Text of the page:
September 23, 2015

Filmmakers Show the Scale of the Solar System in Amazing Video (Source:
If Earth were as small as a marble, the solar system out to Neptune would cover an area the size of San Francisco — and that's just in two dimensions. That point is driven home by a new video called "To Scale: The Solar System," which shows filmmakers Wylie Overstreet and Alex Gorosh, along with a few of their friends, building a size-accurate model of our cosmic backyard in Nevada's Black Rock Desert. Click here. (9/22)

Will We Ever Achieve the Vision of '2001: A Space Odyssey'? (Source:
In 1968, filmmaker Stanley Kubrick and his screenwriting colleague, science fiction author Arthur C. Clarke, presented "2001: A Space Odyssey," an almost documentary vision of how engineers and scientists of the time envisioned the future of spaceflight, the prospects for artificial intelligence and the likelihood of contact with extraterrestrial life.

The movie's famous opening scene shows prehistoric ape-men struggling for survival, until a mysterious, monolithic, black slab implants in one of them the transformational idea of bone tools and weapons. The film then skips 4 million years in a single frame, and we're on our way to the moon, where another, buried monolith awaits its discoverers. Click here. (9/22)

Faulty ExoMars Component Also Used on Other Spacecraft (Source: Space News)
The faulty component that delayed Europe's ExoMars mission also affects several other spacecraft. The defective pressure transducers on the ExoMars lander demonstrator, whose replacement will delay the mission's launch from January to March, were also to be used on several other spacecraft, including the BepiColombo mission to Mercury, the Cheops exoplanet-hunting satellite, and Solar Orbiter. None of those missions will suffer launch delays, though. The components were all produced by Moog Bradford, a Dutch division of Moog, Inc. (9/23)

GAO: FAA Space Office Needs to Justify Requested Budget Increase (Source: Space News)
A GAO report said the FAA needed to provide more information to justify its requested budget increase for its Office of Commercial Space Transportation. The report said the FAA did not follow OMB guidelines for explaining why it requested an additional $1.5 million for the office, which licenses commercial launches and spaceports. It also criticized the use of launch projections in budget requests that have, in the past, overestimated the number of commercial launches. The FAA said it will provide more details in future budget submissions, but noted the office is busy with other activities, such as pre-application consultations, not easily captured in other metrics. (9/22)

Air Force Movest Toward Common Ground System Architecture for Satellites (Source: Space News)
All new Air Force satellites must be compatible with a ground control system that is a step towards a common ground architecture. Air Force Space Command head Gen. John Hyten said future satellites must work with the Multi-Mission Satellite Operations Center (MMSOC), which is currently used primarily for Operationally Responsive Space missions. The MMSOC is seen as a step towards consolidating ground control systems into a single one. (9/22)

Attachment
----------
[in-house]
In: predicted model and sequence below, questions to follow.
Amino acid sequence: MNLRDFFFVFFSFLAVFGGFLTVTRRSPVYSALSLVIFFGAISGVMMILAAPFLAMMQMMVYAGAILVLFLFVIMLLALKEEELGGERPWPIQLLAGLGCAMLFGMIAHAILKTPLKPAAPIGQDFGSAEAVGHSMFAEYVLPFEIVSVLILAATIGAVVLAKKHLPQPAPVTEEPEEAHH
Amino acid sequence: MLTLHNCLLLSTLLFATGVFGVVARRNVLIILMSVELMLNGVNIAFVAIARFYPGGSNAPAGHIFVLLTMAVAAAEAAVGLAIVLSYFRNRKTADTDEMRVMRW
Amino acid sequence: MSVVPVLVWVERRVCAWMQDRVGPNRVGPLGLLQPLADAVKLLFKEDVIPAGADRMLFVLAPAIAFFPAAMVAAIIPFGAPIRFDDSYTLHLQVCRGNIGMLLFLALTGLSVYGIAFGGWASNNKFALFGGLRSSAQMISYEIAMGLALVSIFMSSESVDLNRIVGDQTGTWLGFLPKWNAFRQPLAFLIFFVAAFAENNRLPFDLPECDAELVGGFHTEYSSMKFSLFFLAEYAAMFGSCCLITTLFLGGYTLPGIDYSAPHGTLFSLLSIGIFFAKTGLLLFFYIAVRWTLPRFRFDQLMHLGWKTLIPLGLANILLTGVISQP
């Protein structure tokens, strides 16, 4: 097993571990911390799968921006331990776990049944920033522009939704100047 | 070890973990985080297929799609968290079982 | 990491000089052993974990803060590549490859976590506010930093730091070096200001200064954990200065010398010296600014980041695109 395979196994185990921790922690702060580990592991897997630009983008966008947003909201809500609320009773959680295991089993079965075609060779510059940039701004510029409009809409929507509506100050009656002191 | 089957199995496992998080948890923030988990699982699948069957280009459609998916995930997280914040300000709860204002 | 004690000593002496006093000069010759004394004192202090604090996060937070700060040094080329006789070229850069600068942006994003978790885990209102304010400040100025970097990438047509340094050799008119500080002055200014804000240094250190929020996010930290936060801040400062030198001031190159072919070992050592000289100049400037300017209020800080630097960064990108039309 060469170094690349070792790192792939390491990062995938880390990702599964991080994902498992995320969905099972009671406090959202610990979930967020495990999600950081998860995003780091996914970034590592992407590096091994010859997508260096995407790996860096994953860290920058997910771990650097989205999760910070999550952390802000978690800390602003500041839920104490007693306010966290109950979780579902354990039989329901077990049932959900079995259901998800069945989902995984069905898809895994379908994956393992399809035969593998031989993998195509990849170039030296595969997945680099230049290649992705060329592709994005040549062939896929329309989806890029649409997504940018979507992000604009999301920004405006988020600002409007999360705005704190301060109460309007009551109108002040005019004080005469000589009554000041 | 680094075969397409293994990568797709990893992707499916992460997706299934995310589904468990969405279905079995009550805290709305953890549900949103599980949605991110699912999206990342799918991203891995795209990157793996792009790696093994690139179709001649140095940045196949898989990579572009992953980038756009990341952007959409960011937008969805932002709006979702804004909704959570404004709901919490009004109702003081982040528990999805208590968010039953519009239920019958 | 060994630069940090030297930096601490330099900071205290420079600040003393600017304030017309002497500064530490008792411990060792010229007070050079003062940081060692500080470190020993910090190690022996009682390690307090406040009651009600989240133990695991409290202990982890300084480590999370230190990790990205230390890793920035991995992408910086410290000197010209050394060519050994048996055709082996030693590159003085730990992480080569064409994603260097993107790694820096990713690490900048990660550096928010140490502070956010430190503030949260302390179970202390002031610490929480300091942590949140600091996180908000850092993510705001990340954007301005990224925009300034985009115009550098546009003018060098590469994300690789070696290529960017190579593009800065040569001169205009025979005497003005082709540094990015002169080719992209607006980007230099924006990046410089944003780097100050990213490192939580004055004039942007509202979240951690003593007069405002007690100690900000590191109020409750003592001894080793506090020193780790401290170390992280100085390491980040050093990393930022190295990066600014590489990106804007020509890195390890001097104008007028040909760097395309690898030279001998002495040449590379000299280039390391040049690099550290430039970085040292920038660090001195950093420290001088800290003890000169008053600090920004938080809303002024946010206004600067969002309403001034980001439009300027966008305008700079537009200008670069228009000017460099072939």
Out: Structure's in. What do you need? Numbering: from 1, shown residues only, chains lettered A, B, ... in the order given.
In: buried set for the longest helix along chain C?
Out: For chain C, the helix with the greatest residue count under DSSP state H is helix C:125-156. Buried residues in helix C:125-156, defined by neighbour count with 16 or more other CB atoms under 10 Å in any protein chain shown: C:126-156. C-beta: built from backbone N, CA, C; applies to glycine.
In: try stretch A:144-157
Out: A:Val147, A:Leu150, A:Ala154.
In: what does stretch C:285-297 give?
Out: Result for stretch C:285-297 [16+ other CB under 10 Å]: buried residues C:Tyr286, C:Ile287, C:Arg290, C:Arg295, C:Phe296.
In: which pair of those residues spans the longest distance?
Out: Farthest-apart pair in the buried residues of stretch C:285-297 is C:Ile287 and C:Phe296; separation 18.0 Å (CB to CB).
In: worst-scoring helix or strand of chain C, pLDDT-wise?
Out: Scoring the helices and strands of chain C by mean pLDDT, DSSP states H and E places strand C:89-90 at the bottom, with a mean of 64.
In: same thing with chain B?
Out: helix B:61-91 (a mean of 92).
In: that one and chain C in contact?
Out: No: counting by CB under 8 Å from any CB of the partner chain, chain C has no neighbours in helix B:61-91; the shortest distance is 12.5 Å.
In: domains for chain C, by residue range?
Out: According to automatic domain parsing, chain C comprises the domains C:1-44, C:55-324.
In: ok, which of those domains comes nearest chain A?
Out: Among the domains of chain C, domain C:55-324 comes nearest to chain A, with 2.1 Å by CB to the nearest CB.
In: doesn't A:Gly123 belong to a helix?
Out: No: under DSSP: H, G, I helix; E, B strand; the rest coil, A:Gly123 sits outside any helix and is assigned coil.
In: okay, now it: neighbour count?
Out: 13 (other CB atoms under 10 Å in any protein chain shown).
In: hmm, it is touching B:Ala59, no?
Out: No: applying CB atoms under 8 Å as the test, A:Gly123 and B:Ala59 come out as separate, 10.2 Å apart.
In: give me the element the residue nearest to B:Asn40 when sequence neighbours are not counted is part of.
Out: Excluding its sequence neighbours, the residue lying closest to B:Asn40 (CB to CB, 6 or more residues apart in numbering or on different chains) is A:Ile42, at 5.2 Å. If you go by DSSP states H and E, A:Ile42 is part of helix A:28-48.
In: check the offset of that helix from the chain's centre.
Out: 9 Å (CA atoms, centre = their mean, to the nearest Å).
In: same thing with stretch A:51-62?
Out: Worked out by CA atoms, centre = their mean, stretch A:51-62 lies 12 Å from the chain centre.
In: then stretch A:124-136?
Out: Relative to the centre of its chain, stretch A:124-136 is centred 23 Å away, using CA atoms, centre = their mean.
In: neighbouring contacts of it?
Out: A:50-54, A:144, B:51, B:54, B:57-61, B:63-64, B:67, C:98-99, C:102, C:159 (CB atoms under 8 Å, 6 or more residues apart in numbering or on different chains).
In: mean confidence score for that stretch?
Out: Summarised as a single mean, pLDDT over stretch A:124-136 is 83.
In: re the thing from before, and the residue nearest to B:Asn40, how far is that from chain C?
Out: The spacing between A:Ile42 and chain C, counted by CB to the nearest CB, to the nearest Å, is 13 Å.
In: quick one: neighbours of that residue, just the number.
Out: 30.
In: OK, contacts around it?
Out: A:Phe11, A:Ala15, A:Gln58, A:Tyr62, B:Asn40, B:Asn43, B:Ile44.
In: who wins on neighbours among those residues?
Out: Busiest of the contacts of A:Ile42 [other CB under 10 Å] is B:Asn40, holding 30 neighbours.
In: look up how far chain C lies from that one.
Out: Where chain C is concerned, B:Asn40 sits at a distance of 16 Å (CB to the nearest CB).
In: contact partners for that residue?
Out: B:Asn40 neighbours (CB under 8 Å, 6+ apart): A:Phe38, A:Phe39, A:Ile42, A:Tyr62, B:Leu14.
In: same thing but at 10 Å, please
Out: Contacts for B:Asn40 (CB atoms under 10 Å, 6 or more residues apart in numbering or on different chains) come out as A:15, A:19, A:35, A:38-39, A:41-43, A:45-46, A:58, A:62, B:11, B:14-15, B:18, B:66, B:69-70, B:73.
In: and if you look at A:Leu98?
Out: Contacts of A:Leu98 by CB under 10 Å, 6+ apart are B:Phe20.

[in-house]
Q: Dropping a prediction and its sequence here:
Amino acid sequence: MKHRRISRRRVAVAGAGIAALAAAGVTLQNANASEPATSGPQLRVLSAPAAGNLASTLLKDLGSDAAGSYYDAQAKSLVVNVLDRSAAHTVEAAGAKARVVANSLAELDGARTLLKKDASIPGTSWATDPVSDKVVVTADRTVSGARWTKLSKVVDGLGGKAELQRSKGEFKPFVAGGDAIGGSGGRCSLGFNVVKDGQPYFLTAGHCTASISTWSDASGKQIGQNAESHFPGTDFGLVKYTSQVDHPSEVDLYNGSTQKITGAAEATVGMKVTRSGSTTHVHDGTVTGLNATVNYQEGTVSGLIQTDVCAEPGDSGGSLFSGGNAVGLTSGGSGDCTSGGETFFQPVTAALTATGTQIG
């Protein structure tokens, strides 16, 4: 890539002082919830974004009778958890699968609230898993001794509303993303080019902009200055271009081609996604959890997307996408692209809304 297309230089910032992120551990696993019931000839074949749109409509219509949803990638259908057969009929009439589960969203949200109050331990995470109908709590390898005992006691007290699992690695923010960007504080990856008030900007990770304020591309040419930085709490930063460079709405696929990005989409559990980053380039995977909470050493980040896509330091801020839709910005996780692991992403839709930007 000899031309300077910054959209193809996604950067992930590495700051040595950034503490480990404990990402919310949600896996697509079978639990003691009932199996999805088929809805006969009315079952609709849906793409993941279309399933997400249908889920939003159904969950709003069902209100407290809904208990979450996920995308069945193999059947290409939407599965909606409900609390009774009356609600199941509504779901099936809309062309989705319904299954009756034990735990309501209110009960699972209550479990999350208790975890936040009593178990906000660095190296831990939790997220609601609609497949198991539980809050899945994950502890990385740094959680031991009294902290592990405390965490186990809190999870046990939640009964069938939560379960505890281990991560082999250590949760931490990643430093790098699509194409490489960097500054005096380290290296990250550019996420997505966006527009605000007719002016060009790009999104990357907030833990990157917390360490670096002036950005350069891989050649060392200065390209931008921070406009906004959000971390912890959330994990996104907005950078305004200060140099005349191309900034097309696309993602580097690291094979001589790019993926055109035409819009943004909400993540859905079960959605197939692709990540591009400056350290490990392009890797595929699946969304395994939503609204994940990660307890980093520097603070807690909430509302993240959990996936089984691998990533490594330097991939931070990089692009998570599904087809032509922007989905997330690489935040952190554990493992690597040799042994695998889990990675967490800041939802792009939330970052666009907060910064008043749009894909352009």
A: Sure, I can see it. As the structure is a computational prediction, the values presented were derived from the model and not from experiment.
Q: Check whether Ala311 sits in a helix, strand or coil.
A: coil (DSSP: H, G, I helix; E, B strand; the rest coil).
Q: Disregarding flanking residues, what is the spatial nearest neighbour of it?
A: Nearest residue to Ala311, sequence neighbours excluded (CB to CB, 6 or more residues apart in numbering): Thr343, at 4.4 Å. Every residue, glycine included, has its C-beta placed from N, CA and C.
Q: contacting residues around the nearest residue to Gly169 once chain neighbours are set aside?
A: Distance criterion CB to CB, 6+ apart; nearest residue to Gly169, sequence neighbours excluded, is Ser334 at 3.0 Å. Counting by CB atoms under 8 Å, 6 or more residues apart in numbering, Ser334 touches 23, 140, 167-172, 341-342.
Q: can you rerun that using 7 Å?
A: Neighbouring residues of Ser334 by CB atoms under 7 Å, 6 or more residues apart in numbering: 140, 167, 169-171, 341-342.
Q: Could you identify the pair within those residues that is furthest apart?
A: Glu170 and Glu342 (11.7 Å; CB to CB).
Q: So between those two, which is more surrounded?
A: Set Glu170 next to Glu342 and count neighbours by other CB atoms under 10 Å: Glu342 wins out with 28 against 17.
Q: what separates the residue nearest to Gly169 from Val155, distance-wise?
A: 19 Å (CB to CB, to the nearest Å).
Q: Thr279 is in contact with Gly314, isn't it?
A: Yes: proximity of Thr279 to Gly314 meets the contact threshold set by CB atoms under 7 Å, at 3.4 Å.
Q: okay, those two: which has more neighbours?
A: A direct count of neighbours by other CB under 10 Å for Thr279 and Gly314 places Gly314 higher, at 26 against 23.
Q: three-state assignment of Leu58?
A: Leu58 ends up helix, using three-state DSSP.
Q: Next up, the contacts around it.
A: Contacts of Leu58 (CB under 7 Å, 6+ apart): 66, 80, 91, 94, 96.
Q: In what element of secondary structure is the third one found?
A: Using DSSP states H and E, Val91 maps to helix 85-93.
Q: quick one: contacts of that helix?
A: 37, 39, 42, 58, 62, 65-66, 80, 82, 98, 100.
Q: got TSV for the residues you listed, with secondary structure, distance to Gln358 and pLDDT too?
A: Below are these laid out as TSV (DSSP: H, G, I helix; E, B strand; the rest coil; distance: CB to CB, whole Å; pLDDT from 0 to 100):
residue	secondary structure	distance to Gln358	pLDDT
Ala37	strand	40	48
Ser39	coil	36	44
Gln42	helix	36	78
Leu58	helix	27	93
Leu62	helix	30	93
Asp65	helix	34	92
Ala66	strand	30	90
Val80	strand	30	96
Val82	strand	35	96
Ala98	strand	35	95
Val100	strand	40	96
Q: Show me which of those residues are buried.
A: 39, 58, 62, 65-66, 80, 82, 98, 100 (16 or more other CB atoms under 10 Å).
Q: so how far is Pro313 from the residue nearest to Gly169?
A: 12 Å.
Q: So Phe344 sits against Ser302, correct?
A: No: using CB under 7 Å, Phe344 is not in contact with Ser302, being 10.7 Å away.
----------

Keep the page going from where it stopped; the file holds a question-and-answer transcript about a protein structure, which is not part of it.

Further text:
North Korea: Launch of Multiple Satellites is "Imminent" (Source: CNN)
North Korean officials said a launch of multiple satellites is "imminent." Officials, in a CNN interview outside the country's new satellite control center, said the country will launch Earth observation satellites on a launch now expected for early October. Many outside observers believe the launch is primarily a demonstration of a long-range ballistic missile. (9/22)

Buzz Aldrin Urges South Korea to Join with US for Space Travel (Source: Korea Times)
The second person to step on the moon, Buzz Aldrin, on Monday said South Korea needs to join forces with other countries to develop its space program, referring to possible support from the United States. "America could help countries like South Korea and India (with space exploration) because America does not need to spend money for what they need, such as designing the landers,” the 85-year-old spaceman said at a lecture held by Etnews, a local internet media, at Yonsei University. (9/21)

Can We Afford a Trip to the Red Planet? (Source: Epoch Times)
The date of the events in “The Martian,” the fall blockbuster starring Matt Damon as an astronaut stranded on Mars, isn’t explicitly revealed in the film itself, but the author of the novel the movie is based on said that the initial launch of the mission to Mars takes place on July 7, 2035, for reasons involving the orbit pathways of the two planets.

The 2030s is a common estimate for when mankind will take its first steps on the red planet. Top NASA officials have set 2039 as the provisional date for the first Mars landing, and Elon Musk, founder of SpaceX, said that his company could offer $500,000 tickets to Mars as early as 2025. But the road to landing a shuttle on Mars is far from straightforward, and a cursory glance at the details of such an undertaking can be daunting. Click here. (9/22)

Air Force Awards $828M More For Space Research Center (Source: Law 360)
California-based Aerospace Corp. will add on more than $828 million worth of work to an existing Air Force contract to run its space development and support center, according to a Friday announcement from the Defense Department. (9/21)

Elon Musk Wants to Launch 4000 Satellites to Provide Global Internet (Source: Space Daily)
Never criticized for a lack of ambition, SpaceX founder Elon Musk has a new plan to make the Internet accessible from anywhere on the globe. How? By launching a fleet of 4,000 satellites into low Earth orbit. SpaceX filed a request with the US Federal Communications Commission for permission to encircle the planet with telecom satellites capable of beaming the Internet to anywhere on Earth.

Google - which has now invested in SpaceX's efforts - announced a similar plan in 2014, and estimated it would need 180 satellites in order to span the whole planet. But Musk has an even grander strategy. SpaceX's plan calls for 4,000 satellites to remain in orbit.